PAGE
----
Being a scientist, after looking at the facts two days later, Barry admitted his error on the factual level. I don’t see any evidence, nor have I seen any since then, that he is questioning his process of thinking. From my perspective, if his prediction was wrong once, it could be wrong again, both about his immediate prediction, as well as about his overall approach to nuclear power.
I confess to having been haunted and obsessed by Barry’s blog. I haven’t given up hope that he and the many people commenting on his blog will start questioning their beliefs based on the increasing severity of the situation and their continuing inability to predict (as I understand things; I could be misinterpreting the severity or their predictions or both). For now, the general tone I have heard is that Fukushima is providing proof that the future is nuclear. The reason as I understand it from what I read is that every form of energy has risks, and that an accident like Fukushima has minimal risk compared to, say, the risks of using coal. Barry sees nuclear waste, for example, as an economic boon, a source of cheap energy for future nuclear plants that can use it. He also believes that renewable energy is not going to pan out as a serious alternate source of energy, and hence concludes that nuclear energy is the only alternative to climate change. The possibility of reducing consumption, even drastically, as a way to address climate change, is not part of the conversation on his blog.
What Do We Learn from Errors?
Ancient Greek tragedies contain numerous examples of hubris, which is often a reference to “actions of those who challenged the gods or their laws … resulting in the protagonist’s downfall.” (Wikipedia article) In modern parlance hubris is equated with a certain kind of pride or arrogance.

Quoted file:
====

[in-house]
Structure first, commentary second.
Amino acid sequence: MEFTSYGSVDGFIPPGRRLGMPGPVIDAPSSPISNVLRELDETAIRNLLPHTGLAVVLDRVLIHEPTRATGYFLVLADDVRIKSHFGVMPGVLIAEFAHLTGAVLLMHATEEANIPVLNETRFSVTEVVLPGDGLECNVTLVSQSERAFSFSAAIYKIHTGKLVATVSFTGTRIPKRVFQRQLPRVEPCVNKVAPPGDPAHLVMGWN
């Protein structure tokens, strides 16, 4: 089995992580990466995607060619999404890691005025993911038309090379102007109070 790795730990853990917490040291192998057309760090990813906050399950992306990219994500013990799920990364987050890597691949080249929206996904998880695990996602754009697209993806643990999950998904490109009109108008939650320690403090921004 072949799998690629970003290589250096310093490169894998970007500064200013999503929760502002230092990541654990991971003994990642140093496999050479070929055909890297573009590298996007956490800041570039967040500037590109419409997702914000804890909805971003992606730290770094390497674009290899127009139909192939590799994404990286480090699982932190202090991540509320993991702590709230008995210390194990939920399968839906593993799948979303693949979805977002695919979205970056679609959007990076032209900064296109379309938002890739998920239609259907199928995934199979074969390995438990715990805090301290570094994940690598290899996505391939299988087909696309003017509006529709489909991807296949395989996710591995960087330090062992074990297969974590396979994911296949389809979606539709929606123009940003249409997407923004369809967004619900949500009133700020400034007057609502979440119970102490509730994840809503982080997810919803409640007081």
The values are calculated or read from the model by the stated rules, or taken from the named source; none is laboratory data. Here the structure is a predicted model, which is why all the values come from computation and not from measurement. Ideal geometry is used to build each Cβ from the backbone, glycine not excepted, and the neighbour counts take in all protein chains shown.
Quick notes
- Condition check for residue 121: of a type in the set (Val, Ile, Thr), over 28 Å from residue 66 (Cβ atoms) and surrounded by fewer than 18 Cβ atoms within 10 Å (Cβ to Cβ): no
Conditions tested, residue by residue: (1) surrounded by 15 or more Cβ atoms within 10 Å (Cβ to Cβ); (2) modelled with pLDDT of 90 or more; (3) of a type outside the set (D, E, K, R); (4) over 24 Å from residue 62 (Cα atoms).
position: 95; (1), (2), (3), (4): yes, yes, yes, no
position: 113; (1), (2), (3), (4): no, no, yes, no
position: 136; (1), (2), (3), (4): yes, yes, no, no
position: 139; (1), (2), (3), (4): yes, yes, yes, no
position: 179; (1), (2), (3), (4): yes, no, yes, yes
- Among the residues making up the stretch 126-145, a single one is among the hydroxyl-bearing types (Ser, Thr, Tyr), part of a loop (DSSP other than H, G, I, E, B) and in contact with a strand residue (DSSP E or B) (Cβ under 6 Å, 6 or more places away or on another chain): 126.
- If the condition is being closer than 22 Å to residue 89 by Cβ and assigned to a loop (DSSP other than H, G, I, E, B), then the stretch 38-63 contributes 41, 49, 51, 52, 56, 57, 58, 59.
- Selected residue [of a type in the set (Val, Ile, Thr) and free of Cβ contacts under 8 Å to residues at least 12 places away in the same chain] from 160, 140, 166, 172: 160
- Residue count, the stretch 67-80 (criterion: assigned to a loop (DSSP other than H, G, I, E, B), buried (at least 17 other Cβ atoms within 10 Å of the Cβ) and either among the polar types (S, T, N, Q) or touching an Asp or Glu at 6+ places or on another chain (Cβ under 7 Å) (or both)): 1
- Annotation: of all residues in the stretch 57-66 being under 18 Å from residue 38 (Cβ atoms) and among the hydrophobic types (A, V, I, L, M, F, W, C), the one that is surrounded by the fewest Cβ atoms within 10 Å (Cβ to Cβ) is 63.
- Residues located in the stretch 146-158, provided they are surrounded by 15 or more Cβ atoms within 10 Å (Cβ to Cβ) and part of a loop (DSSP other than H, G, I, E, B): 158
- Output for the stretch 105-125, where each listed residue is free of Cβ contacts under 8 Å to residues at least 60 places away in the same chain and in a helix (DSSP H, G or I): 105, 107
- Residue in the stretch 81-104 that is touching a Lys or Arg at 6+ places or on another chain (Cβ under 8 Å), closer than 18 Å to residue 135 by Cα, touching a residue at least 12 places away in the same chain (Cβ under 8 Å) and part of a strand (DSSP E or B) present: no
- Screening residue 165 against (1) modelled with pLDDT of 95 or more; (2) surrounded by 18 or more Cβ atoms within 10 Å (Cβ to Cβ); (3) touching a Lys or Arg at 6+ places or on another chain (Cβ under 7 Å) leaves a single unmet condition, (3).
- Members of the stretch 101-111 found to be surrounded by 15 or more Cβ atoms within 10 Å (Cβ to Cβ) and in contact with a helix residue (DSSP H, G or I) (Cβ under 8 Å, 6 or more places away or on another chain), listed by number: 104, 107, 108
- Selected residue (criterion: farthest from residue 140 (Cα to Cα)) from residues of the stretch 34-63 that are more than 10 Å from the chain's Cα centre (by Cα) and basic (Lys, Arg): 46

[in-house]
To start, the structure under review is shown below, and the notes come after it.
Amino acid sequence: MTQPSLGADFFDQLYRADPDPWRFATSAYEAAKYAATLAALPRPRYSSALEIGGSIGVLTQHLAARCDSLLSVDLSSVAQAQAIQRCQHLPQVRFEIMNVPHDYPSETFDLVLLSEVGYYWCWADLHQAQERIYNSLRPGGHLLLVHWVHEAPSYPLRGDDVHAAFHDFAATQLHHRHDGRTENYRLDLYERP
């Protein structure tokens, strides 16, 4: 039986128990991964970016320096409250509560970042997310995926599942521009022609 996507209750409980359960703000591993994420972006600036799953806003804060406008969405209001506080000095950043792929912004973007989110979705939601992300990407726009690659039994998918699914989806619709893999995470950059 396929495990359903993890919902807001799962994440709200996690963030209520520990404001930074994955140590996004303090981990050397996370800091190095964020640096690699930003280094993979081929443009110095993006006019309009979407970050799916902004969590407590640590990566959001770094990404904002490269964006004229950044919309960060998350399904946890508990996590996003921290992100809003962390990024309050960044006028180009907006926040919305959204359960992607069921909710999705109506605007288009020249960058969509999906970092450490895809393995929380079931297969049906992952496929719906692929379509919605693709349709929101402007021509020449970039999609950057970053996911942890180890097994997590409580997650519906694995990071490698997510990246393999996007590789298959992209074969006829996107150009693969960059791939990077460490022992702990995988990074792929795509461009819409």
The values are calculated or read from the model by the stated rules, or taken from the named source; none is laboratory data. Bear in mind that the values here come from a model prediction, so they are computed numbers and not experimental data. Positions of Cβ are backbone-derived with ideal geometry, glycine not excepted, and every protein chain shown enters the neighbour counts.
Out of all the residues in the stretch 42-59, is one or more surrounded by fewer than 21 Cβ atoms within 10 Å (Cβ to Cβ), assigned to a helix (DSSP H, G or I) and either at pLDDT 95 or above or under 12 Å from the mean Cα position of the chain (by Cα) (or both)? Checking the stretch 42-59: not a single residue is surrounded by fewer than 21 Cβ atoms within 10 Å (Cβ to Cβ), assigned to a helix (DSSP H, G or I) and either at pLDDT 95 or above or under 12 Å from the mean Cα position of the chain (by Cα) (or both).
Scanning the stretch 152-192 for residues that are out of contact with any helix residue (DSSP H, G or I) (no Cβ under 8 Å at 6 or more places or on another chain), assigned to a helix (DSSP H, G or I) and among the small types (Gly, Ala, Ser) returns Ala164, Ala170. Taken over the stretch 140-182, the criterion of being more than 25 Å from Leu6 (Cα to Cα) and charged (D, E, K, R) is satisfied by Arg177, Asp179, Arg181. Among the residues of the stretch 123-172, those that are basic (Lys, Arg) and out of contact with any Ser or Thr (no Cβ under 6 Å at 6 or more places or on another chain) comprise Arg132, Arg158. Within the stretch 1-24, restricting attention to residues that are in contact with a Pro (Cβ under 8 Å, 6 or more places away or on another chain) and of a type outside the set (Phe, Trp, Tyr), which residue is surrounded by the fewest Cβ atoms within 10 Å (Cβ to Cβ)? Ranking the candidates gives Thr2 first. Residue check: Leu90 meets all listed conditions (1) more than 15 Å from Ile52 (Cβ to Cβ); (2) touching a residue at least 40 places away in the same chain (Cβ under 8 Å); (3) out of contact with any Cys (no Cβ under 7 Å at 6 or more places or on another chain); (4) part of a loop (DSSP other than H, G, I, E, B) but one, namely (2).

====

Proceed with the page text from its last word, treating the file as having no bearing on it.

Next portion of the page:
For some reason I cannot completely fathom, Barry’s error and his way of thinking about it have become a symbol for me of a particular form of hubris. We have come to believe that we can control nature, subjugate it to our wishes, and predict the results. We have come to believe that science and technology can offer solutions to every problem, even those caused by technology itself. We have come to idolize a certain form of “rational” thinking and to look down on emotions, needs, intuition, bodies.
I am scared by this kind of thinking. I care deeply about our species and about nature. I want us to thrive, and I want us to thrive within nature’s capacity. I see the way of thinking symbolized by Barry’s blog as having brought us, collectively, to the very challenging place we are in as a species. I am nervous to be writing this, and I still want to take the risk of doing it, because I am so desperately hoping that we will find a way to wake up and change course.
As I said earlier, I am not making any pronouncement about nuclear power and certainly not any predictions about Fukushima. I am worried, despite not having predictions, because substances that remain toxic for tens of thousands of years frighten me, especially when I read that no adequate solution has been found so far for storing the waste from nuclear reactors, Barry’s cheerful ideas about using nuclear waste notwithstanding. Worried or not, what I am most struggling to embrace, against the legacy that I, too, was born and trained in, is humility, the attitude of not knowing.